The Ultimate Guide to Web Design Gadgets You Need


Transitioning to a new career can often seem like an impossible move to make, especially if you have devoted years to a specific role or industry. But, with more and more local businesses beginning to offer schemes for career transition in STEM fields, the prospect is more viable than ever.

Web design is a popular choice of career for many, as demand for competent coders and designers continues to increase – but there are a number of tools and processes with which you need to be familiar before you can start a career in the industry.
Full-service web design solutions like Editor X exist, providing a comprehensive range of features that enable the user to follow the web design process from planning to launch. With collaborative working, team members and clients alike can also access the same project, share feedback and share assets; templates are also available for quick prototyping. But what tools and features do solutions such as these incorporate to produce a fully-fledged site design? What are the systems that web designers use to complete a project, and the digital gadgets which help them along the way? Here are six tools that are deeply useful to the web design process, and how they work.

Wireframing Software
In the ‘layouting’ stage of any web design process, creating visual mock-ups of potential page ideas is key to making concrete decisions on the form of each page. Much like you might plan the layout of a room with blueprinting or CAD software, you can create wireframe layouts of webpages using wireframing tools. Wireframes are simply bare-bones layout designs, webpage blueprints drawn up to illustrate which elements might appear on a page, what size they might be and how they might be oriented. Specific tools exist to draw up these schematics, with presets and assets for quick design – saving valuable development time that might have been spent drawing individual elements.

File-Sharing Tools
If you are working as part of a larger team, being able to share files with one another is crucial. Emailing mock-ups and brand specifications back and forth is a recipe for disaster, as email chains – and crucial attachments – can easily get lost. Cloud-based file-sharing solutions can be particularly useful here, where access to a folder can be granted to team members across the room or on the other side of the country.

CMS Platform

CMS stands for Content Management System, and, in small part, carries out a similar task to file-sharing solutions. However, a CMS is much more powerful and vital to the management and upkeep of a site. They are the site’s backbone, enabling editing and alteration from the back end without having to code each change in HTML. A CMS acts as a central portal, through which colleagues can update and iterate digital content before publishing on-site, whether in progress or live; different users from different departments can use the CMS for their own purposes.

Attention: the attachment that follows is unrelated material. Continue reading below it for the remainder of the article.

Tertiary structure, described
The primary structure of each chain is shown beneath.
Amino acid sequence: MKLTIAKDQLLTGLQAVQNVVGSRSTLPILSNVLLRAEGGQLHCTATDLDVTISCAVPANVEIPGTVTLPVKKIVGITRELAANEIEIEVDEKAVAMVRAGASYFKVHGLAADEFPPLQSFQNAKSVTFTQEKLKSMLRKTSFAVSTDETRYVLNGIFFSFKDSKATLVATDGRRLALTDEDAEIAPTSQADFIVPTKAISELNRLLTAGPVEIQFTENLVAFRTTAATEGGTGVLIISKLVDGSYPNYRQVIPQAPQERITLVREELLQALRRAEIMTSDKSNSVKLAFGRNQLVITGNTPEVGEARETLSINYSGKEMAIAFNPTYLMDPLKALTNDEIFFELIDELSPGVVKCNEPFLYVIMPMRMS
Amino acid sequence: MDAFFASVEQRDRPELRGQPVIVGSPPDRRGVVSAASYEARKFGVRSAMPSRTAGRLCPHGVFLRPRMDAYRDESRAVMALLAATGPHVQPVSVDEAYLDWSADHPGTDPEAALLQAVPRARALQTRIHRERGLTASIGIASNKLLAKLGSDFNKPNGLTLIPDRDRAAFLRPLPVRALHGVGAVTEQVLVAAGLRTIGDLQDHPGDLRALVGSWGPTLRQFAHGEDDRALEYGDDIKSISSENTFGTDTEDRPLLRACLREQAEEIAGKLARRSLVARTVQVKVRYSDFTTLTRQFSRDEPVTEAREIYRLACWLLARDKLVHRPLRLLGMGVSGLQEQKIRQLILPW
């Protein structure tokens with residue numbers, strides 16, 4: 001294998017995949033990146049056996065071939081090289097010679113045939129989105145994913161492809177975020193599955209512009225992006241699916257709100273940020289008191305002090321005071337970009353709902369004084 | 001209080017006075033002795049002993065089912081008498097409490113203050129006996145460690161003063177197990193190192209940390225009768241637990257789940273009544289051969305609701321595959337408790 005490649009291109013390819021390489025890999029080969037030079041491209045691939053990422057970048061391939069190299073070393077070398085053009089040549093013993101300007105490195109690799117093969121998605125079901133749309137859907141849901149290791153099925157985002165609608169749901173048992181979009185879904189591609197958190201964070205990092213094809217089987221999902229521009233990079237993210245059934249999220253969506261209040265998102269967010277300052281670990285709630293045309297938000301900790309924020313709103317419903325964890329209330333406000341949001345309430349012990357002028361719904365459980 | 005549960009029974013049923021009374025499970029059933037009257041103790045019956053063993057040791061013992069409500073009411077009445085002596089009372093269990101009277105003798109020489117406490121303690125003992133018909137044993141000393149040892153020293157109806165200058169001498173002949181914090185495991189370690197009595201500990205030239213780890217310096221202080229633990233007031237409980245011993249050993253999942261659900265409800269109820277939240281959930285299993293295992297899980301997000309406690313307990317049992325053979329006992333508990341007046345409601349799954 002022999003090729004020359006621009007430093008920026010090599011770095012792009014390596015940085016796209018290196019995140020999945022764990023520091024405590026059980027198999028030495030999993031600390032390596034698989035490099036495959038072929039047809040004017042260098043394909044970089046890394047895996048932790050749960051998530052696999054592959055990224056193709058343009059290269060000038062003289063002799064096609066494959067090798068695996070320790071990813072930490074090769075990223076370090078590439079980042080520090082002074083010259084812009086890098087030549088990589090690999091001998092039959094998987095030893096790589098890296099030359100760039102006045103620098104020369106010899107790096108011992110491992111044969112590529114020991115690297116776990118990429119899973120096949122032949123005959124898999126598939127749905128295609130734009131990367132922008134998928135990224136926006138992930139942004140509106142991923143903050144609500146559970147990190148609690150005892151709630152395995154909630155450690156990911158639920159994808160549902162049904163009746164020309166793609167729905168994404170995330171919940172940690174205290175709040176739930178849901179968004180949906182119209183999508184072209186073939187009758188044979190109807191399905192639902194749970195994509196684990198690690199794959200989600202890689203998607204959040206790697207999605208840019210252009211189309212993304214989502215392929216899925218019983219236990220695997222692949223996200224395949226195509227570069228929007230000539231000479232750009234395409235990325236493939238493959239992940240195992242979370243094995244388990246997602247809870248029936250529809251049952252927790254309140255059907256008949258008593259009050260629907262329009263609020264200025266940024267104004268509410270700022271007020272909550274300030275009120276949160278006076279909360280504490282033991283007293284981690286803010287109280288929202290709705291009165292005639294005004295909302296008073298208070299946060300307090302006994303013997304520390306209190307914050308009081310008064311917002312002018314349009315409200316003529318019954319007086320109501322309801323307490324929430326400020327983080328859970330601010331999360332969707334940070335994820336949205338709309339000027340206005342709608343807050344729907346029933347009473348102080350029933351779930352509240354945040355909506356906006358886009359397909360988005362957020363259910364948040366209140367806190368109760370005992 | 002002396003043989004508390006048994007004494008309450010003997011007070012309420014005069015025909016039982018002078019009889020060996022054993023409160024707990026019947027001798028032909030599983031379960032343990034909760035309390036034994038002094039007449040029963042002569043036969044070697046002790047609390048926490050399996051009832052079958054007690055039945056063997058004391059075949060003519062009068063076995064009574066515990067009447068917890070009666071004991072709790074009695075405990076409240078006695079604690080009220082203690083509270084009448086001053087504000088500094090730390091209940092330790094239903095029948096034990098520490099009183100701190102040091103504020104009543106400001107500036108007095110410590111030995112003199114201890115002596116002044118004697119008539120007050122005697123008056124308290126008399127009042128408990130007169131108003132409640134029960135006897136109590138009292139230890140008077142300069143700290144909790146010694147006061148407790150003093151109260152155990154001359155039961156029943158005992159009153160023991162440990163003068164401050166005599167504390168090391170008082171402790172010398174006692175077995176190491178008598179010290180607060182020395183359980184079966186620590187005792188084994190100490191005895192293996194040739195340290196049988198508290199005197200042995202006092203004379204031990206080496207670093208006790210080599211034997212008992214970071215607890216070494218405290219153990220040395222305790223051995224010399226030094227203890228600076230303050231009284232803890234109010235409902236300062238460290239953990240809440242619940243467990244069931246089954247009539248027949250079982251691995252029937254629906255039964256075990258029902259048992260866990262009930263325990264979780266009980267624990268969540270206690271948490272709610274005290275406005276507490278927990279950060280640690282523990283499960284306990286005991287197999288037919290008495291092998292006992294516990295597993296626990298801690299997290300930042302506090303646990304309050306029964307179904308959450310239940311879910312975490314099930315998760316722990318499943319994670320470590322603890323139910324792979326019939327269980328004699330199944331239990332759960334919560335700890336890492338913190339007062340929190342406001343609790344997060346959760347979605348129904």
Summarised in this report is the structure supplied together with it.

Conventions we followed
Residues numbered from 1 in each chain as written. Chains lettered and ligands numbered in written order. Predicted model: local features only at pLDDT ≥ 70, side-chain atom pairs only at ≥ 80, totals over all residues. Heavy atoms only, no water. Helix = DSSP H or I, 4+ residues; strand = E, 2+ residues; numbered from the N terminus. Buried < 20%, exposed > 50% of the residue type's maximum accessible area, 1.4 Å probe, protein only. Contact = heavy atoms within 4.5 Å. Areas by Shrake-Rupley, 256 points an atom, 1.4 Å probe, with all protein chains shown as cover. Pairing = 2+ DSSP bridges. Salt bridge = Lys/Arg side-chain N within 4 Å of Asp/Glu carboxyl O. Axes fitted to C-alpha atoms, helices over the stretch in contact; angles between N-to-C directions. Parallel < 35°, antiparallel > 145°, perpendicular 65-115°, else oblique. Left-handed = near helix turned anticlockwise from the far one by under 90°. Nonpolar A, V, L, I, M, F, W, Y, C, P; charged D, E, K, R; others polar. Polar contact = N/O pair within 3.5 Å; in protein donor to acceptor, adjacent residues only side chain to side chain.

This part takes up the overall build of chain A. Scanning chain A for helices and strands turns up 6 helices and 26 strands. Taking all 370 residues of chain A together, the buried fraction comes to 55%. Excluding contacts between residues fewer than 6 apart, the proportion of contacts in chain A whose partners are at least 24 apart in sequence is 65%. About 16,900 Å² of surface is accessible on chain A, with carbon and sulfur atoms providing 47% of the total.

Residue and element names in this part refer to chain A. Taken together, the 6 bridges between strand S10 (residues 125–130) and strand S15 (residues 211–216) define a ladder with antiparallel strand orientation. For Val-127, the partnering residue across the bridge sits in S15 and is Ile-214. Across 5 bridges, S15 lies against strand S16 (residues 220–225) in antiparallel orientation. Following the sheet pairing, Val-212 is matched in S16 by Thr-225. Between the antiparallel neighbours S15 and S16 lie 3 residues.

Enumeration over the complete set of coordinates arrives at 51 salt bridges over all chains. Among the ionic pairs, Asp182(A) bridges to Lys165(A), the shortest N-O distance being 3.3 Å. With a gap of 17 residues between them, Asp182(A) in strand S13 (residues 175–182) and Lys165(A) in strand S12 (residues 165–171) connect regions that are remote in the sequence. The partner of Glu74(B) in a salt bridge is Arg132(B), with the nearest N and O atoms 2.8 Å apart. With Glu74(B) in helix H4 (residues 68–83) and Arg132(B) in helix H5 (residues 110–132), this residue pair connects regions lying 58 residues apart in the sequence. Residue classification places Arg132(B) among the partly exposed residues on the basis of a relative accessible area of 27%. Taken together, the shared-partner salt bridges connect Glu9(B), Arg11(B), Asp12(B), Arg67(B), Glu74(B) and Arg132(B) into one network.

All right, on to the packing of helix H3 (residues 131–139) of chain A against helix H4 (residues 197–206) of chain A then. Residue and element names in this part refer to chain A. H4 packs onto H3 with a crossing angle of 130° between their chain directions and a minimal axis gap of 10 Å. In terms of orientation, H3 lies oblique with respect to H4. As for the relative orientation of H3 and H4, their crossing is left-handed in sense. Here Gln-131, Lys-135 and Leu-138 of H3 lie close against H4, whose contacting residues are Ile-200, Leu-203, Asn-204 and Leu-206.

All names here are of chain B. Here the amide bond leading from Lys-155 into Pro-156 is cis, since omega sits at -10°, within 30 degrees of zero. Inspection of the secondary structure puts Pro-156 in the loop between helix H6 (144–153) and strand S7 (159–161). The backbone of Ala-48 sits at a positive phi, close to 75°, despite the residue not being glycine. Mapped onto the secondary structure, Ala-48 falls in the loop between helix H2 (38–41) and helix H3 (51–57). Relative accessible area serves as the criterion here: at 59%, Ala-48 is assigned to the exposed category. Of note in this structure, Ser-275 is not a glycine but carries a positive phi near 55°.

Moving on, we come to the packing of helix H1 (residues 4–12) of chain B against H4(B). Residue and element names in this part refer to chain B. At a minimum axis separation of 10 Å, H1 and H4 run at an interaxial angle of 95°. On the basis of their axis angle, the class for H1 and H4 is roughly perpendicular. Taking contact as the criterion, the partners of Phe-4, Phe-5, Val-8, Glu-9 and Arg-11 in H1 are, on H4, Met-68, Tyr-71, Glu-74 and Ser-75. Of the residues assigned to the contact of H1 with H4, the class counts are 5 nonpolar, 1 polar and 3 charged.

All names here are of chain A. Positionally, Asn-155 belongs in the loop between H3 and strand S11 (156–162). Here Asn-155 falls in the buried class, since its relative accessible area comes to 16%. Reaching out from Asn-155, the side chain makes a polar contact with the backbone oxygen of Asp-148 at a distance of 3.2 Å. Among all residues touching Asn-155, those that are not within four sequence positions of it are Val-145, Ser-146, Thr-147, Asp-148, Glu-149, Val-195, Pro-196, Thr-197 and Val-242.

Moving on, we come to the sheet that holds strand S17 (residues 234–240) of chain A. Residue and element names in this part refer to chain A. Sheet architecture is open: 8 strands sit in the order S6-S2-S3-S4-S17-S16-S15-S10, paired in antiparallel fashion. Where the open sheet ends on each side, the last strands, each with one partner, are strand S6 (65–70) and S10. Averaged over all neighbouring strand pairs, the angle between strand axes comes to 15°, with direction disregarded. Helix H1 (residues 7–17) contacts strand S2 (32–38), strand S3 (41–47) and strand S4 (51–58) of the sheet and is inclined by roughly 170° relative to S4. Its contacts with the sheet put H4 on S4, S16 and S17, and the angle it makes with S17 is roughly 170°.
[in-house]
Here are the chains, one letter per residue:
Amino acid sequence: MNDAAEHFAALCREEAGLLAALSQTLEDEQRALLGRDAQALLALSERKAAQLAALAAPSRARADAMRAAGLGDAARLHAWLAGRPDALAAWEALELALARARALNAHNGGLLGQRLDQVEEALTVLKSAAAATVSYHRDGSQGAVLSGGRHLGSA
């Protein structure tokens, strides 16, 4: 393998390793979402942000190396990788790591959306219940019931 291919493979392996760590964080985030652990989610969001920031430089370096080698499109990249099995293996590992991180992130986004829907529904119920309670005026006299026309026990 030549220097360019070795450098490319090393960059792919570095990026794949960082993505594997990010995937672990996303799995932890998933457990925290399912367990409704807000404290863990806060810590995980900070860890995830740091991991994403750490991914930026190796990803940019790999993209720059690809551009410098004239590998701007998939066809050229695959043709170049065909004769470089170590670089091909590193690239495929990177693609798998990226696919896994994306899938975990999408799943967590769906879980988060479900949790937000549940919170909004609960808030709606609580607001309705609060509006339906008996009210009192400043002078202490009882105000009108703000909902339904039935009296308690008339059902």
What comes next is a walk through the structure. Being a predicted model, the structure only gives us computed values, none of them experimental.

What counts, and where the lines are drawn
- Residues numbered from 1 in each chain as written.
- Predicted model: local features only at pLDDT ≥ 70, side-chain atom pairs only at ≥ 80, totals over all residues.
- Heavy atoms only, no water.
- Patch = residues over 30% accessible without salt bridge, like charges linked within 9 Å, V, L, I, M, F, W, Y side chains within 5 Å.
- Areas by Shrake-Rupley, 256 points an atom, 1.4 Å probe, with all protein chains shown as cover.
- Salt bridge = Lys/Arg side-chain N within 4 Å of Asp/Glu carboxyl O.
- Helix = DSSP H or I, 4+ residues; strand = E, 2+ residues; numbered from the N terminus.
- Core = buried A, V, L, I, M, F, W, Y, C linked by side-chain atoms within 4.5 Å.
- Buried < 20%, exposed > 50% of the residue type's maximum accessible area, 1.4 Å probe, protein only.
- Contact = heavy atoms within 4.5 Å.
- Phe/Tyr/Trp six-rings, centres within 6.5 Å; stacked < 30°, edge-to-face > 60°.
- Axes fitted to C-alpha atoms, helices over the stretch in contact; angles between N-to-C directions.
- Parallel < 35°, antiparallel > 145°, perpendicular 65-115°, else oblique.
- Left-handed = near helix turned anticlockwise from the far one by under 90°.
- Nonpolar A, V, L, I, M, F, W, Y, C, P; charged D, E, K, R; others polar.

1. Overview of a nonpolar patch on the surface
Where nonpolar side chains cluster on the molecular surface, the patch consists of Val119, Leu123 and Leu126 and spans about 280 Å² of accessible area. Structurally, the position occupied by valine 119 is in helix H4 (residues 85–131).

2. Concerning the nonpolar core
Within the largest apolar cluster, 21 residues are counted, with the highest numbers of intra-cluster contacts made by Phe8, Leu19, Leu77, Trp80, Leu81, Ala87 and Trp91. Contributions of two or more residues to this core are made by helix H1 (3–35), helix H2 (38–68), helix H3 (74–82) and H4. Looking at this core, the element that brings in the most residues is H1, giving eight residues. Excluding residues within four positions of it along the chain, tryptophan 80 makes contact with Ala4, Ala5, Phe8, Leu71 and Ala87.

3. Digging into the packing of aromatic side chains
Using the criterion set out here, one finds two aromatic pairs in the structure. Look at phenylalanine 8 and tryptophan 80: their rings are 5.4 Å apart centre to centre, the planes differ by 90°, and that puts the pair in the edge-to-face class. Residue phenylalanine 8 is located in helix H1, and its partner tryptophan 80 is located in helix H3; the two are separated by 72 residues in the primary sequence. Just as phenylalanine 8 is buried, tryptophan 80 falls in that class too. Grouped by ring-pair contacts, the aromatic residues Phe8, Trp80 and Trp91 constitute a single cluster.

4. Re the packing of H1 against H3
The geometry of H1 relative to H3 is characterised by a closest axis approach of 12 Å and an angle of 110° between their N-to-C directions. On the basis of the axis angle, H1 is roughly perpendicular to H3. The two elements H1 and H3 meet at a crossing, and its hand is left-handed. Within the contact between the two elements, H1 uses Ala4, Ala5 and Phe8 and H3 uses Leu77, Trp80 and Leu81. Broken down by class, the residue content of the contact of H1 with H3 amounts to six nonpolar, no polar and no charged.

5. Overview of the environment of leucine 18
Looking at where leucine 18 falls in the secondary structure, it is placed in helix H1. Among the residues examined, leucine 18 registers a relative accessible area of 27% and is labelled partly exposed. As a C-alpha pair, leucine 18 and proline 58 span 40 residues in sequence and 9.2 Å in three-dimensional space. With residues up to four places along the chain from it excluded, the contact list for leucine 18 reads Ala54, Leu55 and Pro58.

Where cloud-based file sharing allows people to access assets with ease, drafting and editing can be hard to follow – and there are still several steps to adding said assets to a page. CMS enables you to track edit history and progress with ease and offer direct integration with site publishing. In short, collaborative workflow is far smoother on a CMS.

Graphic Design Software
Graphic design tools enable designers to create bespoke assets and images for a webpage, from custom backgrounds to banners and button templates. Many designers use popular photo-editing applications for their powerful colour-balancing tools, especially where photos are included in aspects such as header images. However, some suites also offer vector illustration, meaning you can scale designs drawn as vector graphics to any size without losing image quality. This enables intuitive design, and a crisp outcome regardless of the size requirements of the site location.

UX Tester
UX (or user experience) testing applications are the perfect digital gadget for perfecting a site design in the prototyping stage. They enable you to mock up working local versions of the site, with links between pages and end-user functionality for different platforms from PCs to smartphones and tablets. These applications mean you can finalise the website’s link-map with the end-user’s experience in mind, and test the functionality of certain design decisions. You can also use UX testing to trial unique interactions on-site, before dedicating time to a concept that may not work in actuality.
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